Some property managers require renters to sign a separate waiver or document related to mold on the premises when they move in. Make sure you review it along with your lease agreement to get a better understanding of your rights and responsibilities.

Even though there aren’t many mold-specific laws in the books, in most states your property manager is legally required to provide a habitable premises. Here are a few questions to ask yourself that will help you determine who’s responsible.

Woman concerned and looking at mold from water damage

Woman concerned and looking at mold from water damage

Did your behavior cause the mold?

If something you did resulted in mold in your apartment, then it’s your responsibility. If you’ve created excess moisture, failed to clean up and dry a spill or your cleanliness routine needs an upgrade, it will be up to you to take care of the mold problem. You could be liable for damage if you don’t.

Did your property manager’s failure to act cause the mold?

Leaky pipes, a leaky roof or poorly sealed windows are your property manager’s responsibility. If a problem with your apartment’s fixtures or structure wasn’t fixed promptly and caused mold to grow, your property manager may be liable.

How to prevent any future mold

You can often prevent mold from growing in your apartment in the first place. Here are a few tips to keep it from gaining a foothold:

  • Keep the air moving. Open windows when weather permits. Use portable or ceiling fans to keep air circulating.
  • Use ventilation fans. Always use the fan in your bathroom and above your stove to vent moisture out of your apartment.
  • Keep humidity low. Air conditioners and heaters can help control humidity. You can also use a dehumidifier if necessary.
  • Clean up any moisture problems quickly. If something like a spill or an open window during a rainstorm drenched part of your apartment, use fans and ventilation to dry everything thoroughly.
  • Use mold-killing cleaners and clean regularly. Keeping your bathroom clean and dry is the best way to prevent mildew growth.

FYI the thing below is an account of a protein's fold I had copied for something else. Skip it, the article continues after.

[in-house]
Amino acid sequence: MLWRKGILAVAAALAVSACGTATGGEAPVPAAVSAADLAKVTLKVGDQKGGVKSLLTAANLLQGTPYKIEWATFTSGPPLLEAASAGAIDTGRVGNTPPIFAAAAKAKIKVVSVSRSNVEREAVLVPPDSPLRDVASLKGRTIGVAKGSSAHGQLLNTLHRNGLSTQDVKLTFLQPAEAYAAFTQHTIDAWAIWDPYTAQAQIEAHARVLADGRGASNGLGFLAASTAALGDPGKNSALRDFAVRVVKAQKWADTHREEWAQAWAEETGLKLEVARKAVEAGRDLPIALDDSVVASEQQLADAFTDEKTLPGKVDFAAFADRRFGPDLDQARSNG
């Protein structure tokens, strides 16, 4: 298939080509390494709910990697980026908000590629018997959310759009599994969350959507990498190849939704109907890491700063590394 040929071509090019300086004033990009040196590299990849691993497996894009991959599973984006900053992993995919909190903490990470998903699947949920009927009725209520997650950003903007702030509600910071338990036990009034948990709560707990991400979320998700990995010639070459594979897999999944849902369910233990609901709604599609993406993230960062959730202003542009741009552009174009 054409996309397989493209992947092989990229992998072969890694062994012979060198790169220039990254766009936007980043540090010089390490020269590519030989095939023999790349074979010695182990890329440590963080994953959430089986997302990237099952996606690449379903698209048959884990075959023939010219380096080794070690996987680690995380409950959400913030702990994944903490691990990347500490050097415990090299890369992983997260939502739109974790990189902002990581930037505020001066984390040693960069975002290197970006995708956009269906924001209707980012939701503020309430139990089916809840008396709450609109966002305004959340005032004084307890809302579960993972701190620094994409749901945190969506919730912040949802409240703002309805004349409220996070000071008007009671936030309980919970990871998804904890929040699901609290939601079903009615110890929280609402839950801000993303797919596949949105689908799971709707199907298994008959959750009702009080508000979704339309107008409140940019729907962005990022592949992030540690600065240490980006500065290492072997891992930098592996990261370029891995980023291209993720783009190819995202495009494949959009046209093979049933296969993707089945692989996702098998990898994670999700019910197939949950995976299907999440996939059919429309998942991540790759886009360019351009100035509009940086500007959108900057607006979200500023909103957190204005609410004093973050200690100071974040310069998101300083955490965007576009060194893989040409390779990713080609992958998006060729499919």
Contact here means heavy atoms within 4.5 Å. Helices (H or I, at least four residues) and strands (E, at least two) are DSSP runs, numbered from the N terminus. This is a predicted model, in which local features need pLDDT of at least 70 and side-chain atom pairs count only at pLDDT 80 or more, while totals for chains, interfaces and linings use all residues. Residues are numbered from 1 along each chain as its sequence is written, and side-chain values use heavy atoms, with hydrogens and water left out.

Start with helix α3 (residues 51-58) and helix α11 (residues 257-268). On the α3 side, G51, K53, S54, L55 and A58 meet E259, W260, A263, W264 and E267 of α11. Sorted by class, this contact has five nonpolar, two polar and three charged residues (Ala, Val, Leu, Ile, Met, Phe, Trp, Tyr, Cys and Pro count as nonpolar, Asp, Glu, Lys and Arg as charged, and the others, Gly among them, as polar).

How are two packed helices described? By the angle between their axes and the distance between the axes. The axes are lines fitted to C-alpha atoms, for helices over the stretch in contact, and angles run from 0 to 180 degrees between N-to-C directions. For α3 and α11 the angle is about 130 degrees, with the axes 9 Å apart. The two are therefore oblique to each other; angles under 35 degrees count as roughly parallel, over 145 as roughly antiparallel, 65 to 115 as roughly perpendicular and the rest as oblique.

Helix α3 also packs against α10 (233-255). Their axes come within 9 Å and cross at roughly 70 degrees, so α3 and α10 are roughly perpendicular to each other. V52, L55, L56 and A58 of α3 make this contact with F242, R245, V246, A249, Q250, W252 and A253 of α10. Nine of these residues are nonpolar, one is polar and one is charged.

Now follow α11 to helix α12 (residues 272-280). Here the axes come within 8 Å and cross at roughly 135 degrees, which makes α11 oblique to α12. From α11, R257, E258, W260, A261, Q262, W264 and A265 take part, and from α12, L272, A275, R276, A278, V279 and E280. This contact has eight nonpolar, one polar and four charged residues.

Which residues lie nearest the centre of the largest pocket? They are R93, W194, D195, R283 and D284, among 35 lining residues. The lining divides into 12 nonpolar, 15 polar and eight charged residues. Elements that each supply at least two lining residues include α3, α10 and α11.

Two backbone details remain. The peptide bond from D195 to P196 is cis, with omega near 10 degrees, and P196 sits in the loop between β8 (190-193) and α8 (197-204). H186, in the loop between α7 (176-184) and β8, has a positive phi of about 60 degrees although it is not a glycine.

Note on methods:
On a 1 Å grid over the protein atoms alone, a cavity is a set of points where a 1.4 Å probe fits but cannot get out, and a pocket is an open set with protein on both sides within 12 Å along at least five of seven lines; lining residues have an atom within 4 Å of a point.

• Don’t store wet towels or clothing. Hang damp items up to dry before putting them into a hamper.

As worrisome as mold seems, in most cases, it’s possible to avoid mold growth. When searching for a new place, be sure to read Rent.com apartment reviews to find the perfect rental and avoid any problematic properties. Before you move into a new apartment, inspect it carefully for signs of damage that could lead to mold.

Once you’re moved into a new place, keep it well maintained. A clean, dry and well-ventilated apartment is usually a mold-free apartment.

Source: rent.com

Everything You Need to Know About Tezos (XTZ)

While Tezos (XYZ) may sound like the name of a rare gem or a hotel in Santa Fe, it’s yet another crypto that investors can add to their wallets. Below, we’ll cover the basics of Tezos and what you’ll need to know if you’re considering adding it to your crypto portfolio.

What is Tezos (XTZ)?

Like some other common types of cryptos (Ethereum, for instance) Tezos is not only a currency, but also a platform. Technically speaking, Tezos is a decentralized, open-source blockchain network. More specifically, it’s a network that allows for peer-to-peer transactions, and on which users can deploy assets, applications, and smart contracts. The “tez”, or XTZ, is the native cryptocurrency for the Tezos blockchain.

Like other, similar networks, Tezos utilizes blockchain to produce a decentralized computing platform. As such, users verify the code and data on the blockchain, and through that process, receive XTZ tokens. This process, “baking,” is similar to Bitcoin mining. Tezos coin uses a proof-of-stake consensus mechanism, which means there is no need for miners to produce new tokens.

History of Tezos (XTZ) Crypto

Like most other cryptocurrencies, XTZ Tezos has a relatively short history.

Husband and wife team Arthur and Kathleen Breitman first proposed Tezos XTC in a 2014 whitepaper . In 2017, they raised more than $230 million during an initial coin offering (ICO) , the biggest-ever initial public coin offering at the time. The currency launched the following year.

The Tezos ICO, however, faced controversy from the start. The Breitmans got into a spat with the head of the Tezos Foundation (a non-profit organization created to promote Tezos), which led to a court battle, which took three years to settle.